In a groundbreaking study published by the Stanford Psychology Department last month, researchers found that nearly three-fourths of people who utilize the handicap door button are not physically disabled.
Multiple hypotheses have emerged in light of this finding, which range from the relatively mundane – people like the convenience that the automatic button provides – to the more ambitious and philosophical – people like to pretend they are Jedis who can use the Force to automatically open doors .
One subject, who prefers to remain anonymous due to the ethical implications of the study, reported, “It simply boils down to the aesthetics of the button. If you place a shiny silver button in front of me, it’s not like I’m about to pass up the opportunity to touch it.”
One group of psychologists attempted to connect the findings of this study to the more general Push-Pull Ambiguity Hypothesis, which states that the uncertainty of whether one is supposed to push or pull on an approaching door handle is a leading source of social anxiety. As Dr. Paul Browning explains, “Our understanding of the Push-Pull Ambiguity Hypothesis helps explain the critical results of this new study. By pushing the button, the uncertainty of whether the door is of the push or pull variety is eliminated because the door will open in the correct direction automatically.”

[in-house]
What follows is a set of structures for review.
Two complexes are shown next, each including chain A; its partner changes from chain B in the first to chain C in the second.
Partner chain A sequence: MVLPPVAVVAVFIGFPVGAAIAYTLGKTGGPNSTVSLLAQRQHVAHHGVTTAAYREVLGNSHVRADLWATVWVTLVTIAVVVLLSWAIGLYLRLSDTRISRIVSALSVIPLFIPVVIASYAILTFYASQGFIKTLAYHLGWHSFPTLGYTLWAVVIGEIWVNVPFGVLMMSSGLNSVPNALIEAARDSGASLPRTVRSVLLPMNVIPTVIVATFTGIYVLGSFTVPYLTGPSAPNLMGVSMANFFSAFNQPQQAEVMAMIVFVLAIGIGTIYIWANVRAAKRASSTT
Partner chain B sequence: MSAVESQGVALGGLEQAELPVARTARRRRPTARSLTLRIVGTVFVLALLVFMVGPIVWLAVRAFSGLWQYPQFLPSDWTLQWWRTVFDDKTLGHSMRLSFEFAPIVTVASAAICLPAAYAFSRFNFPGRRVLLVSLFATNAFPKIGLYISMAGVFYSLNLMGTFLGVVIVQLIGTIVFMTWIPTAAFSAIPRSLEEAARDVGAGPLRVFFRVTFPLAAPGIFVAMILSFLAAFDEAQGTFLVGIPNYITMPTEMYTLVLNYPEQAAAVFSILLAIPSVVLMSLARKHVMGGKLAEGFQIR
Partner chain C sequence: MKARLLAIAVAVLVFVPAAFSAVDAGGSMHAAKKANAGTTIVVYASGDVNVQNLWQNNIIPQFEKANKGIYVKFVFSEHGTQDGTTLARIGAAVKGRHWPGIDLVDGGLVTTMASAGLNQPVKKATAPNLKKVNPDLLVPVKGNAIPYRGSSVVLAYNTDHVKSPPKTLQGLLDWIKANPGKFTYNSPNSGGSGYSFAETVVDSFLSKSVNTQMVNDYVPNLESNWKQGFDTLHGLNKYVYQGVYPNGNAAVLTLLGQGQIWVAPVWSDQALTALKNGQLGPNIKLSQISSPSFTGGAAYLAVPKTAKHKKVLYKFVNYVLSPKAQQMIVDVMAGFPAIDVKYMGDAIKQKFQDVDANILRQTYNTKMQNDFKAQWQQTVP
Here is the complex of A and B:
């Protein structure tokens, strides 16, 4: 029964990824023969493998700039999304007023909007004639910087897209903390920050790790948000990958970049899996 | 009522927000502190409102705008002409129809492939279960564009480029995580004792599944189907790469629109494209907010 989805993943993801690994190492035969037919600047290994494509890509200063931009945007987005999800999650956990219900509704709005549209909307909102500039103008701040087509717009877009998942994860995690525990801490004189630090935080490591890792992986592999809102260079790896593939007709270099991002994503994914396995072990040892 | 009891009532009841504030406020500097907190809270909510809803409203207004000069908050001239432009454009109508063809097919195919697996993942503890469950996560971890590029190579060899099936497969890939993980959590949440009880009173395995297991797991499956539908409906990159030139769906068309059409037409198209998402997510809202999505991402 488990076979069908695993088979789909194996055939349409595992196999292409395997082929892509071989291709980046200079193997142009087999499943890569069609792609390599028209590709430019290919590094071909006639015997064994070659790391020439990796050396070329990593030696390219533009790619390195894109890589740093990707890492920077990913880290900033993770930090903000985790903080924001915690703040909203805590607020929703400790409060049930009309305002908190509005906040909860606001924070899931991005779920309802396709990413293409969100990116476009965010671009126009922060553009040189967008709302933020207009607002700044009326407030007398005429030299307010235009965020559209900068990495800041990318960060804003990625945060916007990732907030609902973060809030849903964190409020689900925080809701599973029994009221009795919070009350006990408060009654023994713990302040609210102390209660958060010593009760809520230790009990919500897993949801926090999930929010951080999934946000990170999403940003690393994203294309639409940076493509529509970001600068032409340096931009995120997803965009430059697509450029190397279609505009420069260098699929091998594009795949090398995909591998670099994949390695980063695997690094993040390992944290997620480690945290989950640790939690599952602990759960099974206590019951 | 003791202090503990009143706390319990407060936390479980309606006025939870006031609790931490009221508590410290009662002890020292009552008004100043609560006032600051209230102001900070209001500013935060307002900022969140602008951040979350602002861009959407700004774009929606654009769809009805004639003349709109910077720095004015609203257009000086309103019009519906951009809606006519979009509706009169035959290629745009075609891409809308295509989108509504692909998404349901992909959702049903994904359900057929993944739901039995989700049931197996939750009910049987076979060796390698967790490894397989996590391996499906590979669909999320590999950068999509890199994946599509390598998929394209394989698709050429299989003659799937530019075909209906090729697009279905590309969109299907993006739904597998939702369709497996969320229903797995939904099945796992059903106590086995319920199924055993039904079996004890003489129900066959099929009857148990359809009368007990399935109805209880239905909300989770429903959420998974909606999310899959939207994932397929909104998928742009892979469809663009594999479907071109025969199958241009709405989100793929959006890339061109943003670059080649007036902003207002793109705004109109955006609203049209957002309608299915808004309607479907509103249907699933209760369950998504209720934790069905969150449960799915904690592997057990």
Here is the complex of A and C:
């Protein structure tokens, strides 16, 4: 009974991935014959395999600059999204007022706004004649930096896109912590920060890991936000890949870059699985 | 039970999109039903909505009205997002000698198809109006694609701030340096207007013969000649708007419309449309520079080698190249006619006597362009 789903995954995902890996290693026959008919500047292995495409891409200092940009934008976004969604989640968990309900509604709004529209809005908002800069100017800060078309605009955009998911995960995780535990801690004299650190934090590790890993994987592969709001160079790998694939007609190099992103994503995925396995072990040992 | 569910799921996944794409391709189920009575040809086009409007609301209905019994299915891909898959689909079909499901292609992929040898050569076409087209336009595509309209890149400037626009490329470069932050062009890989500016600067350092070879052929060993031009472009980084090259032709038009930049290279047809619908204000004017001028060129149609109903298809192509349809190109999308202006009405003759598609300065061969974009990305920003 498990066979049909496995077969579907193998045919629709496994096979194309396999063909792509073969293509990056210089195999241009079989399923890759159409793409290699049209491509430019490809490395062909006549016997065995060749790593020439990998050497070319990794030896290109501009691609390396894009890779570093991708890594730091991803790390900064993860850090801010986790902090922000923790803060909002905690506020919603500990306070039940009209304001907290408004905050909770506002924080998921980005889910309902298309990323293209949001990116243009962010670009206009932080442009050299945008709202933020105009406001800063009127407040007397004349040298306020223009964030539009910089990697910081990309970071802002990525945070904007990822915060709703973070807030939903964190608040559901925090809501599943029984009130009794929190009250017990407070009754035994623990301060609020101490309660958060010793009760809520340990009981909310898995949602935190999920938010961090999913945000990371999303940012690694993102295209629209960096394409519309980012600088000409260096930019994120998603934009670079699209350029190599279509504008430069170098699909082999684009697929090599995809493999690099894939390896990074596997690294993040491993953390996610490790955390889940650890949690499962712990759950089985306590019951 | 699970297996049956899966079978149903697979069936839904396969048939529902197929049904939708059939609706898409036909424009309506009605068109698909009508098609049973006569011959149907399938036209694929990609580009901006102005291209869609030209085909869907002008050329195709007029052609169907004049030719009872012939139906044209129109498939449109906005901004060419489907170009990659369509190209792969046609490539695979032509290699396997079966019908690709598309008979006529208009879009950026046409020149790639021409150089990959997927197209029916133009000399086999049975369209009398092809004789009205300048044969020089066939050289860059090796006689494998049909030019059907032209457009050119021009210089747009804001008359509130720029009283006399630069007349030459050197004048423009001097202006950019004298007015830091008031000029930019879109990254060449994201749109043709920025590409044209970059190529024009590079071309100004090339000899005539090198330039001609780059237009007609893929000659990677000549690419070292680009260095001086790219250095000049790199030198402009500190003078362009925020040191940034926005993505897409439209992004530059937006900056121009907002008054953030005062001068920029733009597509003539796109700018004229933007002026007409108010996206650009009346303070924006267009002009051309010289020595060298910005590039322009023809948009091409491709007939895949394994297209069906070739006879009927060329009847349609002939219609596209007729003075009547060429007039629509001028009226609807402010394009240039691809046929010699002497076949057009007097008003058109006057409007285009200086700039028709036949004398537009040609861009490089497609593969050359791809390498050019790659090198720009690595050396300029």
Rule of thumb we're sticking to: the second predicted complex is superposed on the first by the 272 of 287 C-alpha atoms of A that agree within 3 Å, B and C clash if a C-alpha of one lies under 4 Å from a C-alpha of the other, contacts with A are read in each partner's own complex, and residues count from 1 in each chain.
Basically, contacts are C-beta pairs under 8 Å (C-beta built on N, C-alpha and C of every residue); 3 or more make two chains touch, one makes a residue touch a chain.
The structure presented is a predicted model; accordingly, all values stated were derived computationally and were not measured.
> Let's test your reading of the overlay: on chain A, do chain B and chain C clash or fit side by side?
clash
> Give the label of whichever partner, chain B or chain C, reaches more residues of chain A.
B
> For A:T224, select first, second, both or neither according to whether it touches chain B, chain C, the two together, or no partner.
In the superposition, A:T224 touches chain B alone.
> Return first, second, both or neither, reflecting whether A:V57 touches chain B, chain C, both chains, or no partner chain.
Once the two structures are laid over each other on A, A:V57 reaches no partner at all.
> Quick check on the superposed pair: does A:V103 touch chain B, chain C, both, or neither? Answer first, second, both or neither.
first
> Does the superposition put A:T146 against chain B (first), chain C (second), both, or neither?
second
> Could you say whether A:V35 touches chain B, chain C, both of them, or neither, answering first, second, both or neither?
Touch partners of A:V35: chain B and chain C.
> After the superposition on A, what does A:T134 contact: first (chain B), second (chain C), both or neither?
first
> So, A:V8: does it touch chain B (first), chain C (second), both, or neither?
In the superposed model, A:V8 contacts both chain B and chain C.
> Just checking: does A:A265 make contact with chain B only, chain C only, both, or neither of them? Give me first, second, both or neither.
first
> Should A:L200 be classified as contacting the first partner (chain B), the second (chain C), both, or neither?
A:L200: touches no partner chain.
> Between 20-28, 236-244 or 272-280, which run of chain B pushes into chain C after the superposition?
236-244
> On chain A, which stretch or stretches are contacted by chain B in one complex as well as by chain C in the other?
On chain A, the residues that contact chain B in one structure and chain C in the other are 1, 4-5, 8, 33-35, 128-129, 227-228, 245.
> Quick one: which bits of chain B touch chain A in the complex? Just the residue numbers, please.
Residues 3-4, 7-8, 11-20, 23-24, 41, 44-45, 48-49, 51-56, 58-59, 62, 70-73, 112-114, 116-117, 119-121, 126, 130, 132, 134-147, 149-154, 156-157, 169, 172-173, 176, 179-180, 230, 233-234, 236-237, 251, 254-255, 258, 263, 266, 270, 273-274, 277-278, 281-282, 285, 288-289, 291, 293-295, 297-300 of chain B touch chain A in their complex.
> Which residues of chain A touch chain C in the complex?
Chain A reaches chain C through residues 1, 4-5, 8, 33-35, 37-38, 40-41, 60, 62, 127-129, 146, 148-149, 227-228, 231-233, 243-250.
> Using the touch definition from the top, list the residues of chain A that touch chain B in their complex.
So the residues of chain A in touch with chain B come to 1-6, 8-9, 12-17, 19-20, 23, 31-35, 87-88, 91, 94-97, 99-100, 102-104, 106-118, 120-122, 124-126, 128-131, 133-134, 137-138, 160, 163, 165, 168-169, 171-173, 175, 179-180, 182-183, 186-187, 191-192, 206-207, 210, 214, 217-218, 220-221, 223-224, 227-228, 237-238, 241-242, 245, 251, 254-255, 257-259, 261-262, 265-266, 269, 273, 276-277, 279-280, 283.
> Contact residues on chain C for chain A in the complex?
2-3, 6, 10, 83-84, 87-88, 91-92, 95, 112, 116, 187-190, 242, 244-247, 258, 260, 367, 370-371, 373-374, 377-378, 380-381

Preliminary results from a follow-up study indicate that people who use the handicap door button are also 34% more likely to impatiently press the Close Door button on elevators and to repeatedly press the crosswalk button at intersections. These behaviors tend to persist despite the preponderance of scientific data that suggest neither of these actions has a statistically significant impact on the speed of elevator doors or the pattern of the traffic lights, respectively.